Like a lot of the world, we are following the search for Malaysian Airlines flight MH370. Every day a trickle of new information is released but so far there has been nothing solid.
While there has been multiple sightings of patches of debris (via satellite) these have proven to be just junk which begs the question – just how much junk is in our oceans?
Just this year alone, we’ve shared a number of incidents of shipping containers lost overboard.
Recently, we’ve had the sinking of the KM Journey in Surabaya, with 133 containers being re-located to the bottom of the ocean. This incident saw massive amounts of instant noodles being spilled into the ocean.
We’ve had the Turkish container ship that ran aground on beautiful Mykonos Island – losing containers on the reef.
And, of course, who could forget the Svendborg Maersk, which lost a record breaking 520 containers when sailing thru the Bay of Biscay back in February. Thousands of cigarettes washed up on the beaches in Axmouth following this catastrophic event.
Out of these three events alone there has been more than 653 containers lost overboard. It’s a lot more than the 350 containers (approx) that the World Shipping Council advises is lost every year (and it’s only April!)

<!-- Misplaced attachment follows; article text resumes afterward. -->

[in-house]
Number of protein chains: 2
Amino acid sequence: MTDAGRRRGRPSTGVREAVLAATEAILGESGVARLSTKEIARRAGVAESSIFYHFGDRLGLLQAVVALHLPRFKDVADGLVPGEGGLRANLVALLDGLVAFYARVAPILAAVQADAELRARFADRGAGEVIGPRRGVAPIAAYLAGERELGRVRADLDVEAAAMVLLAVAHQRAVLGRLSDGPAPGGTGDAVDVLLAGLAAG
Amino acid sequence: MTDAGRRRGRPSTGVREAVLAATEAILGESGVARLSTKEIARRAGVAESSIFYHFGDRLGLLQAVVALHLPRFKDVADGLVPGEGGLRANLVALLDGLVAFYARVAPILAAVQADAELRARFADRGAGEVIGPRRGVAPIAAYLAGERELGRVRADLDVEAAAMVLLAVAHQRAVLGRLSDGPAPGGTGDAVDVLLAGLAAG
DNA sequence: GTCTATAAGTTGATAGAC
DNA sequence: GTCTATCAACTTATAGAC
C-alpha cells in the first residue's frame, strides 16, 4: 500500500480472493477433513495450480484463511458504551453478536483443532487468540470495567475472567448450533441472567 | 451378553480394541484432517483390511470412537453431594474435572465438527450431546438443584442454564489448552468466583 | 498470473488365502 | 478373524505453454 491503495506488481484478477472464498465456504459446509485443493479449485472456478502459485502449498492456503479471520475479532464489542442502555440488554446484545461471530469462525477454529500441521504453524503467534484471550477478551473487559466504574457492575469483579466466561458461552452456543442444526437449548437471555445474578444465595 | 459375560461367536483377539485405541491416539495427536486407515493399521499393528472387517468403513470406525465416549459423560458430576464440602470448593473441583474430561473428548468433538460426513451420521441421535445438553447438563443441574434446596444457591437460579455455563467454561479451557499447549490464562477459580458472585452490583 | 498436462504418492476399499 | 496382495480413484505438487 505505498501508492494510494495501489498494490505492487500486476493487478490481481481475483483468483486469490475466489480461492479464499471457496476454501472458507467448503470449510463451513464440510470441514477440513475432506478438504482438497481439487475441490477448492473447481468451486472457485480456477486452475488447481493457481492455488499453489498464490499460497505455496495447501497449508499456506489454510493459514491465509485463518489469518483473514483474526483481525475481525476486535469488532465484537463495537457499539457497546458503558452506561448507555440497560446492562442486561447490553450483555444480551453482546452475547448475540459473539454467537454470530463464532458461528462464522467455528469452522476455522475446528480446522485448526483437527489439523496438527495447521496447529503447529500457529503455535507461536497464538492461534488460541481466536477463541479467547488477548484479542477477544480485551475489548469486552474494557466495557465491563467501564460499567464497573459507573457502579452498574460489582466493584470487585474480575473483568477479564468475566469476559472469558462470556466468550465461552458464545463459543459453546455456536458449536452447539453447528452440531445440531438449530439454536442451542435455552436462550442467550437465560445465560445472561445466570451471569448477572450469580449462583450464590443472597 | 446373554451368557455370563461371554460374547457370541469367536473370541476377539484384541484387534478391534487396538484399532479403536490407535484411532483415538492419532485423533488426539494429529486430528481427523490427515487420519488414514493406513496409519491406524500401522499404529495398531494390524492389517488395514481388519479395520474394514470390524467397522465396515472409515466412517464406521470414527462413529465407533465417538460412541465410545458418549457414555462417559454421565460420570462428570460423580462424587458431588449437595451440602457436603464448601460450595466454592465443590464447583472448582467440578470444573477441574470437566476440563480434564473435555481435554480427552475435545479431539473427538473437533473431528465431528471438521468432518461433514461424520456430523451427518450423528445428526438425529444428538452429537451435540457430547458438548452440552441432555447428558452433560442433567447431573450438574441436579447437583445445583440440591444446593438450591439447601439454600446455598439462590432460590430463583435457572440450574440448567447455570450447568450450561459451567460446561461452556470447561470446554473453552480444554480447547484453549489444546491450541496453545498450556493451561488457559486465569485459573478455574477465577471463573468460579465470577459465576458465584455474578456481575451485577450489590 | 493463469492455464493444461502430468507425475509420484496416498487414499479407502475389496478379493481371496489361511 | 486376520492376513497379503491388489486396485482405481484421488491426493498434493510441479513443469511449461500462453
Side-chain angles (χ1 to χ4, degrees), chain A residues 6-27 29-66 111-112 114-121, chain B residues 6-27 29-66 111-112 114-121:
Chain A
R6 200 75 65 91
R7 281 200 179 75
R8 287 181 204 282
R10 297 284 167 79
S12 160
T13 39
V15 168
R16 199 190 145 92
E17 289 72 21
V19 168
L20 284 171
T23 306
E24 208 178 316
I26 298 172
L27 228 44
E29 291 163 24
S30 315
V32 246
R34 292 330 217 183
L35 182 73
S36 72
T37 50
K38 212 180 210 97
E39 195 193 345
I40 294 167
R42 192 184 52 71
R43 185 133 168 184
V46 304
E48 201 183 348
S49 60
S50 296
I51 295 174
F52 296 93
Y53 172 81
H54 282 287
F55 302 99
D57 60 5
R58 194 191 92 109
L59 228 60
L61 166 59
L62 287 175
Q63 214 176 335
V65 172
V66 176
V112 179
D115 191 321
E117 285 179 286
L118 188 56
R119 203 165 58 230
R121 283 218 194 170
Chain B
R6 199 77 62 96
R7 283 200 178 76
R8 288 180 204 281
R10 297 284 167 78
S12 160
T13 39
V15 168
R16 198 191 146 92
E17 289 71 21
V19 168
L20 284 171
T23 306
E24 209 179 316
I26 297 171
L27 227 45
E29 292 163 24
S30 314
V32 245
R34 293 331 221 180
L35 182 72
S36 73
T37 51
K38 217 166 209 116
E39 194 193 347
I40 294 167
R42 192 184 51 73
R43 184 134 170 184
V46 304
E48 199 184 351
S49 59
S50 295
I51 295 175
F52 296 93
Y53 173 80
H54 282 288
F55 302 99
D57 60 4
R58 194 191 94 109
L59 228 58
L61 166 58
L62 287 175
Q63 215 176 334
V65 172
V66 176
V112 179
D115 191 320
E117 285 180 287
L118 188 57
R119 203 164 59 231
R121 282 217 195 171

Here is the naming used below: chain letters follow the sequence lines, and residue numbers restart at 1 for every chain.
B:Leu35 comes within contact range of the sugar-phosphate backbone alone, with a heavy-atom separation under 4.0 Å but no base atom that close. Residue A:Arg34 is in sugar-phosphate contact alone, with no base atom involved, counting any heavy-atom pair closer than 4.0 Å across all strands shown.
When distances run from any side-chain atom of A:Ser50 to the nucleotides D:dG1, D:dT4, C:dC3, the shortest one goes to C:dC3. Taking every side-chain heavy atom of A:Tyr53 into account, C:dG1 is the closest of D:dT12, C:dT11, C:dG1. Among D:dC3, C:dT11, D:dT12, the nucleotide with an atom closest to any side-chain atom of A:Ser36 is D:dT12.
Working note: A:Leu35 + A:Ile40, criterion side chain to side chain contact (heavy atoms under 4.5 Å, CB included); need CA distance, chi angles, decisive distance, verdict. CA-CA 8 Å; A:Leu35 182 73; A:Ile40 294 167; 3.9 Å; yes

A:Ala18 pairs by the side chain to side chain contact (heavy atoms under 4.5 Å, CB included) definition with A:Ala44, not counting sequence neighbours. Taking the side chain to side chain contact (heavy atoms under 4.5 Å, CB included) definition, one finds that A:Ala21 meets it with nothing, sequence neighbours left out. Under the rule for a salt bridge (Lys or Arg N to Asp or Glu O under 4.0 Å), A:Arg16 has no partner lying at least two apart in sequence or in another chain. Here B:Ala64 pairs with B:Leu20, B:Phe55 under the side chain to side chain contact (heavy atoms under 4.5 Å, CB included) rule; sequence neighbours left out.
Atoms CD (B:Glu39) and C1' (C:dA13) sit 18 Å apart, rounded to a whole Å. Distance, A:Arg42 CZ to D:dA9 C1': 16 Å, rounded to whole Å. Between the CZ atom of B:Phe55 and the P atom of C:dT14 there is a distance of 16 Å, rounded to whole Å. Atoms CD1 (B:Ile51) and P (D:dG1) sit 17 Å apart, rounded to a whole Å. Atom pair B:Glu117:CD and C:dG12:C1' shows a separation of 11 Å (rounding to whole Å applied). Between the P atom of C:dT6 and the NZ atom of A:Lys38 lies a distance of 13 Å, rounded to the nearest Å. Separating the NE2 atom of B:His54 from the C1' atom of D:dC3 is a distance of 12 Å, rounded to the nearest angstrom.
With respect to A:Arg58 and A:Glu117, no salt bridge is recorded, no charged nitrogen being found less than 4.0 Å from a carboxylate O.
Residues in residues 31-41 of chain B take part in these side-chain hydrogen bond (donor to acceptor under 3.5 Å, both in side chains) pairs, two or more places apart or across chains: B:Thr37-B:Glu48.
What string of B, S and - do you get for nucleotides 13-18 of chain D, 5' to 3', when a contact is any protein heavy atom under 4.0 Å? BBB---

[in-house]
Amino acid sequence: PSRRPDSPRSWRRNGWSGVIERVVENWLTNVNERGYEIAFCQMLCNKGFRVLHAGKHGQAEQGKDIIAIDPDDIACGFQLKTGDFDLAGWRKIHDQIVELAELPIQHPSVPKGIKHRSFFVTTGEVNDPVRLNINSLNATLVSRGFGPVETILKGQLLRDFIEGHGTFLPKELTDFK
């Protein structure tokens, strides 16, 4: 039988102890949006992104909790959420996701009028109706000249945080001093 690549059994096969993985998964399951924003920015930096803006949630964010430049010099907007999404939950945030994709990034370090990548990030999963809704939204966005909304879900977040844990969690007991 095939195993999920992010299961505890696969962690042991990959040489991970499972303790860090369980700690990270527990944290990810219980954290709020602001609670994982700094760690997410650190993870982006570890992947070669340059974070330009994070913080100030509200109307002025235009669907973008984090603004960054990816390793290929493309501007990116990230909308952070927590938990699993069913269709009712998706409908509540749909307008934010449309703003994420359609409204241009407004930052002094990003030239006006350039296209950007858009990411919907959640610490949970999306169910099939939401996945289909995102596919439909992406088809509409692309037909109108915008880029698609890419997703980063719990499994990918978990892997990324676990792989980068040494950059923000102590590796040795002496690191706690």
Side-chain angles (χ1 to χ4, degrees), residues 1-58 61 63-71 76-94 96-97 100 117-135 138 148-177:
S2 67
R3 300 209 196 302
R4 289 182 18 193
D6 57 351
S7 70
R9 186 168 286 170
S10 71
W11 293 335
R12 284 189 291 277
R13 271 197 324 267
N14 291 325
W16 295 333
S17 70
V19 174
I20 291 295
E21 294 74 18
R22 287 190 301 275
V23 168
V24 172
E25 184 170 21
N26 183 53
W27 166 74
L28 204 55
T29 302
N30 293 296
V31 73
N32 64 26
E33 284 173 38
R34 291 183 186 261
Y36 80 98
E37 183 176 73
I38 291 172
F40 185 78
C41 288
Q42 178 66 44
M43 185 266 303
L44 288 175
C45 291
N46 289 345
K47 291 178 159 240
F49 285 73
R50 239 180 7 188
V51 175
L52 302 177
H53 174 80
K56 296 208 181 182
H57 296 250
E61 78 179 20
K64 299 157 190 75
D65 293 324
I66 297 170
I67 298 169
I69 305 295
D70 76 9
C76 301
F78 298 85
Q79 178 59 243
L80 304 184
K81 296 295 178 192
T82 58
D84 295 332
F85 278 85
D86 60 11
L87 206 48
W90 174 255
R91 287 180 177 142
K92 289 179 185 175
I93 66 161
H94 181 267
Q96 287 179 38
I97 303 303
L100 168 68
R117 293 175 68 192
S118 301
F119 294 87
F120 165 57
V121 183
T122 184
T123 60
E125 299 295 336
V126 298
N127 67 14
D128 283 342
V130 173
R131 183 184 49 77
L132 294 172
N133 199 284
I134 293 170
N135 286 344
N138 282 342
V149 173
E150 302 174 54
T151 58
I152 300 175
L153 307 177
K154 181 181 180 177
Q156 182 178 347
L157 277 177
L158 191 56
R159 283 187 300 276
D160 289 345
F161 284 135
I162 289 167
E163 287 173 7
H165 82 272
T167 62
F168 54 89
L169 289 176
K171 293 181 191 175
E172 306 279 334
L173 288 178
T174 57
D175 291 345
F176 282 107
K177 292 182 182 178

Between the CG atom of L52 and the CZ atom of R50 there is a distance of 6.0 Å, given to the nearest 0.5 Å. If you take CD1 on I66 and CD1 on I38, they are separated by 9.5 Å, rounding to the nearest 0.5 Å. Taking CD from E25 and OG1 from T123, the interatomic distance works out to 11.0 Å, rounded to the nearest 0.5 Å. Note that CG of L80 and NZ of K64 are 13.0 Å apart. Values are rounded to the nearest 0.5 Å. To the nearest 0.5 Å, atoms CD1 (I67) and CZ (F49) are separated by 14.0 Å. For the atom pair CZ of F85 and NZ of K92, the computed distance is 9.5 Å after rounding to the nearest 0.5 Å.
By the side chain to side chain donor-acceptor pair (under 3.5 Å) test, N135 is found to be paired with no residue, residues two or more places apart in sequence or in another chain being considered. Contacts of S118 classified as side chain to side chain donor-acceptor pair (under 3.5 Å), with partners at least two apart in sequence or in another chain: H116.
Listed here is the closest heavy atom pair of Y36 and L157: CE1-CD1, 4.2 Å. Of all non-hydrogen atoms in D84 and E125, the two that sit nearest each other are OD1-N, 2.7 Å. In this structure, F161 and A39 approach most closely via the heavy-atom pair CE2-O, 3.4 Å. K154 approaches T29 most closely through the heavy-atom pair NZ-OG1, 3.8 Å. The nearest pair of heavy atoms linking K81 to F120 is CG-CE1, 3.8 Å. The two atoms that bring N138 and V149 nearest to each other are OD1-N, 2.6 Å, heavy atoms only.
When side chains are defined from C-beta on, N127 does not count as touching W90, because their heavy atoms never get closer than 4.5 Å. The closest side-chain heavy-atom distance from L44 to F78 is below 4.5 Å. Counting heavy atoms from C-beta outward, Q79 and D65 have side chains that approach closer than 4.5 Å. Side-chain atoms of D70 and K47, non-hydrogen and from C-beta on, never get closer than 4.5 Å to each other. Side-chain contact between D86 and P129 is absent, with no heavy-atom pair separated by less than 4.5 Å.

Some containers drift to the bottom of the ocean, some continue to float with the ocean currents. It appears that lost shipping containers and their wayward contents only make up a small amount of the trash that is littering our oceans, with the majority of the waste being washed in from the land.
We guess that free noodles and cigarettes being washed upon our shores is just a subtle reminder that the shipping industry carries 90 per cent of all consumer goods around the world. The losses listed above make up such a tiny percentage of the containers moved about the world.